Saratoga Sale's Opening Session Fails To Keep Pace With Last Year
by Deirdre B. Biles
Date Posted: 8/6/2002 11:55:47 PM
Last Updated: 8/8/2002 4:37:50 AM

Bob and Beverly Lewis, bought top-priced horse at Saratoga sale opener.
Photo: Skip Dickstein
The Saratoga select yearling sale got off to a lackluster start on Tuesday night in New York. The number sold, gross revenue, average price, and median price all were down from last year's comparable session, and the buy-back rate was up significantly. There also were no horses that cracked the $1-million mark.

However, Fasig-Tipton officials were not surprised with the results.

"Our team did believe that it (business) would be off against last year; that was fully expected going in," said Fasig-Tipton chairman D. G. Van Clief Jr. "Looking at the relative quality of the horses in tonight's sale versus the next two nights and against first night last year, the pedigrees indicated that you would see a drop this year."

The 46 horses sold grossed $11,112,000 and averaged $241,565. The median was $195,000. Compared to 2001's opening night, the number sold and gross decreased by 20.7% and 37.3%, respectively. The average and median declined by 21.0% and 4.9%, respectively. The buy-back rate soared from 16% last year to 32.3% this year.

"I would like to have seen it a little stronger, but good horses sold pretty well," said Fasig-Tipton president Walt Robertson. "We just didn't have anything that really blasted off tonight; there wasn't one big horse or two to carry the load. We had two or three horses in the $600,000 or $700,000 range this year. Last year, we had one top the session at $1.8 million. Rest assured, I will be shocked if we've seen anything close to the sale topper. We've got some nice horses coming up the next two nights."

But Fasig-Tipton's executive vice president, Boyd Browning, warned there might not be as many seven-figure horses this year as there were in 2001, when a sale record total of nine was sold.

"There's no question that the commercial market is lacking in sire power this year," he said. "There are no Mr. Prospectors this year, and there are no Seattle Slews this year, and there are fewer Storm Cats (at Saratoga). And that's a reality. Physically yes, we have the same type of horses as last year, but pedigree wise, no."

The session's most expensive yearling was a $750,000 Unbridled's Song filly. She was purchased by Californians Robert and Beverly Lewis, who outlasted Don Adam of Courtlandt Farm. The bay filly was produced from the unraced Mt. Livermore mare Dreamscape. who is a full sister to the champion filly Housebuster. She was consigned by Gainesway, which bred her in partnership with Muirfield Ventures.

"She's a magnificent filly," Robert Lewis said. "I thought her conformation and her structure were absolutely the epitome -- probably as good as I've seen. She looks like she has all the attributes to be a potential champion. We think she has the equipment to go a distance; we'll see what happens."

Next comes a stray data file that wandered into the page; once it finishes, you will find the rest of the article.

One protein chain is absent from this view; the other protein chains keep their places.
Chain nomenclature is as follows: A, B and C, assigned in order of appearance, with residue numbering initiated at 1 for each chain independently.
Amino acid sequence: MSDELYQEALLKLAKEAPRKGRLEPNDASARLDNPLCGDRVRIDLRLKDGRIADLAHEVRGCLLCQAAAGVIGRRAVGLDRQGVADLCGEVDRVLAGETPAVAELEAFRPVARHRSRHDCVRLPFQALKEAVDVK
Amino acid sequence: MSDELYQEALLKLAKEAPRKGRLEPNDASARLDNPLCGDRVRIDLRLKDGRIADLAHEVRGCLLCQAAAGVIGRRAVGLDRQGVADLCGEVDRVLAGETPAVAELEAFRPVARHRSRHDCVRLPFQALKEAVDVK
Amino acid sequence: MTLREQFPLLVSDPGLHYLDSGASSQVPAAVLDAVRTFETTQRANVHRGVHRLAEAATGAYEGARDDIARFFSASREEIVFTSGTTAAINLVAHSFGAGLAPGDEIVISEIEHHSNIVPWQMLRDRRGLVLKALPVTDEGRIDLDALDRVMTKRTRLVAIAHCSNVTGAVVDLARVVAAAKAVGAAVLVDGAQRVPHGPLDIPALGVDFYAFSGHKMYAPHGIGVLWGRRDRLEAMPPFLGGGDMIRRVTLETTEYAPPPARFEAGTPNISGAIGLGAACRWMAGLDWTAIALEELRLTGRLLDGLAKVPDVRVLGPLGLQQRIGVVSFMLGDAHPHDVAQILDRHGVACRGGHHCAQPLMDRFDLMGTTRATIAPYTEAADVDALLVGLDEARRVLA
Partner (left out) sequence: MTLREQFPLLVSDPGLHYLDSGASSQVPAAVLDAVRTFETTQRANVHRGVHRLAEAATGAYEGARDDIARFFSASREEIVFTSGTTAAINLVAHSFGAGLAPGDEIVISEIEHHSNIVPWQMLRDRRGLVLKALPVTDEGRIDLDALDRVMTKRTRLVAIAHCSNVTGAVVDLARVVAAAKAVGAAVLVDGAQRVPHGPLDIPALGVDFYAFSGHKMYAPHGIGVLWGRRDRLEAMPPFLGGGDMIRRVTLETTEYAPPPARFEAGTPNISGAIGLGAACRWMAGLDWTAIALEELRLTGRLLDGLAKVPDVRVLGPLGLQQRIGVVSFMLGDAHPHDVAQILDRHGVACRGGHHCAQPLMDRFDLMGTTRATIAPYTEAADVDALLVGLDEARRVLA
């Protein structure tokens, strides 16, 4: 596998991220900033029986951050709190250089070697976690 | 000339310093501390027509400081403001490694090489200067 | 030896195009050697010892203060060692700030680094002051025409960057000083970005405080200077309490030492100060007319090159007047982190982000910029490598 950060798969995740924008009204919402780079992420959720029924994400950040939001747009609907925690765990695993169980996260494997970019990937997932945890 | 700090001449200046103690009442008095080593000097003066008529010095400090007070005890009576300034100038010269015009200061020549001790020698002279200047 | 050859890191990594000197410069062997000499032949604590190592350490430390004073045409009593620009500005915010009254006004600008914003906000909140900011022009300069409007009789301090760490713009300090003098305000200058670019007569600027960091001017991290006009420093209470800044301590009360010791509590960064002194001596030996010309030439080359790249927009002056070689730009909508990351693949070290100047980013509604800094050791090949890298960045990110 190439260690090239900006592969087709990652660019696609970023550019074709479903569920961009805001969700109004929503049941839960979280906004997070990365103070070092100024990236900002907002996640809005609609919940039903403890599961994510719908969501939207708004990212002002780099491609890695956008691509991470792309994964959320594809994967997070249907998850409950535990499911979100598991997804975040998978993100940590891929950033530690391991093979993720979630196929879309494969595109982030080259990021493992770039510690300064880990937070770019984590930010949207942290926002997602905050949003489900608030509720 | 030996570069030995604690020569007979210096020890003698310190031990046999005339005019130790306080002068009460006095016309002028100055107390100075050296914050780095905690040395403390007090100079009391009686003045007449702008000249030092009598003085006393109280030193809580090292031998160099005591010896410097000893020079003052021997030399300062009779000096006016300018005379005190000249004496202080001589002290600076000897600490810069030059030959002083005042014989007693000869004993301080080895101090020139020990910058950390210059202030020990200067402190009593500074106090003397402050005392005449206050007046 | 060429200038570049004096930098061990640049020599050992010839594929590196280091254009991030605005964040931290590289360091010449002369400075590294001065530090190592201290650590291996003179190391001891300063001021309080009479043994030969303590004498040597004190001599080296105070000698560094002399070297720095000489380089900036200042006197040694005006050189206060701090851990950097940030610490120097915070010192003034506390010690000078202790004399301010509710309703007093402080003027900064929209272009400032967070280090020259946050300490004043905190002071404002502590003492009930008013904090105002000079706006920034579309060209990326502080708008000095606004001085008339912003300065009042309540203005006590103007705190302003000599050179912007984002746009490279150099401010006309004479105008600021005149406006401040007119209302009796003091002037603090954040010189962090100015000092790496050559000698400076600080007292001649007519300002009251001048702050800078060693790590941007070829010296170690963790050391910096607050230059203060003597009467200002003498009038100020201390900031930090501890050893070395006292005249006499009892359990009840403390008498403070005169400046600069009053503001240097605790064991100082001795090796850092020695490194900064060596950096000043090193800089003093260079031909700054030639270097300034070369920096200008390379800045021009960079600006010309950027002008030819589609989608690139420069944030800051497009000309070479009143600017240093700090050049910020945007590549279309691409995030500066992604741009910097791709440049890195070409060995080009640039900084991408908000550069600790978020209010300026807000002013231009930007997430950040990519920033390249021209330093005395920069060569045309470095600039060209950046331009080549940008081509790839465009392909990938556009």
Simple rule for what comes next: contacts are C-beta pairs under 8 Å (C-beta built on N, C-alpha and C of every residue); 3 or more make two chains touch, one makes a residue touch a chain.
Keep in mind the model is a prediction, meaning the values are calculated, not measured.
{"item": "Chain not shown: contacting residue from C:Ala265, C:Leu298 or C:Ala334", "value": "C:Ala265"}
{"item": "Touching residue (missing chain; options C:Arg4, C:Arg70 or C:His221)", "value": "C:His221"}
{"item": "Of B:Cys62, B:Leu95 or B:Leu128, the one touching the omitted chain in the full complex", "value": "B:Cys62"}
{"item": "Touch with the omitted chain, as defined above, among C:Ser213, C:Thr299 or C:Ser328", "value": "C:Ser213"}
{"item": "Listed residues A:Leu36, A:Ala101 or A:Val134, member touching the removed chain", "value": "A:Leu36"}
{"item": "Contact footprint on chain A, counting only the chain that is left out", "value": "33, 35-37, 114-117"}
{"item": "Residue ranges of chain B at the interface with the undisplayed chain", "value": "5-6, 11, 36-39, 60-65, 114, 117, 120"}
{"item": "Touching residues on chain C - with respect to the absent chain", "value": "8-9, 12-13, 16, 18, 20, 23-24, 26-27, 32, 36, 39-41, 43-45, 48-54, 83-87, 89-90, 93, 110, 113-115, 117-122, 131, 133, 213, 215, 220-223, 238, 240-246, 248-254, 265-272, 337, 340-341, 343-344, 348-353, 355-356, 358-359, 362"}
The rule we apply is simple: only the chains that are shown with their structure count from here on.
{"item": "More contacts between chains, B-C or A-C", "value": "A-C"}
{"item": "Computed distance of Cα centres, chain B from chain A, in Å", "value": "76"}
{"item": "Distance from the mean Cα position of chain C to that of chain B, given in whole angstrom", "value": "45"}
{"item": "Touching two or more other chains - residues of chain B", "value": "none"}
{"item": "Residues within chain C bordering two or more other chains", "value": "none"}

The Lewises also bought a Tale of the Cat filly for $500,000 from Highclere Sales, agent. The filly was produced from the 10-year-old Java Gold mare Doppio Espresso, who finished second in the Astoria Breeders' Cup Stakes (gr. III).

Bob Baffert will train the Tale of the Cat filly, but Lewis said he had not decided who would get the Unbridled's Song filly.

The Lewises are scheduled to leave Saratoga at noon on Wednesday because Robert Lewis has business commitments in California.

Mrs. M. J. Dance Jr. of Lemon Drop Kid Fame spent $700,000 for an A.P. Indy colt out of the 8-year-old stakes-winning Magesterial mare Fleet Road. He is a half-brother to stakes winners Tuzia (by Blushing John) and Tanja (by Allen's Prospect). Bred by William S. Farish, the colt was consigned by Farish's Lane's End, agent.

Robert Baker of Greenwich, Conn., paid $600,000 for a Grand Slam colt out of the 10-year-old winning Star de Naskra mare Heartful Star. The colt is a half-brother to Federico Tesio Stakes (gr. III) winner Oliver's Twist. Dromoland/Hartwell, agent consigned the colt, which was bred by Ward D. Stiff and Earle I. Mack.

Early in the session, D. Wayne Lukas purchased a handsome Kingmambo colt for $575,000 from Derry Meeting Farm, agent. The Hall of Fame trainer said he was acting on behalf of new clients Clinton and Susan Atkins of Champaign, Ill. Clinton Atkins is in the real estate business, and he also is involved in manufacturing remote control toys, according to Lukas. Bred by George Strawbridge, the bay colt is the first foal produced from the 8-year-old stakes-winning mare Clandestine Caller (by Housebuster).

"We're just getting our feet wet," Lukas said.

The Saratoga sale runs through Thursday, with sessions beginning at 7:30 p.m.

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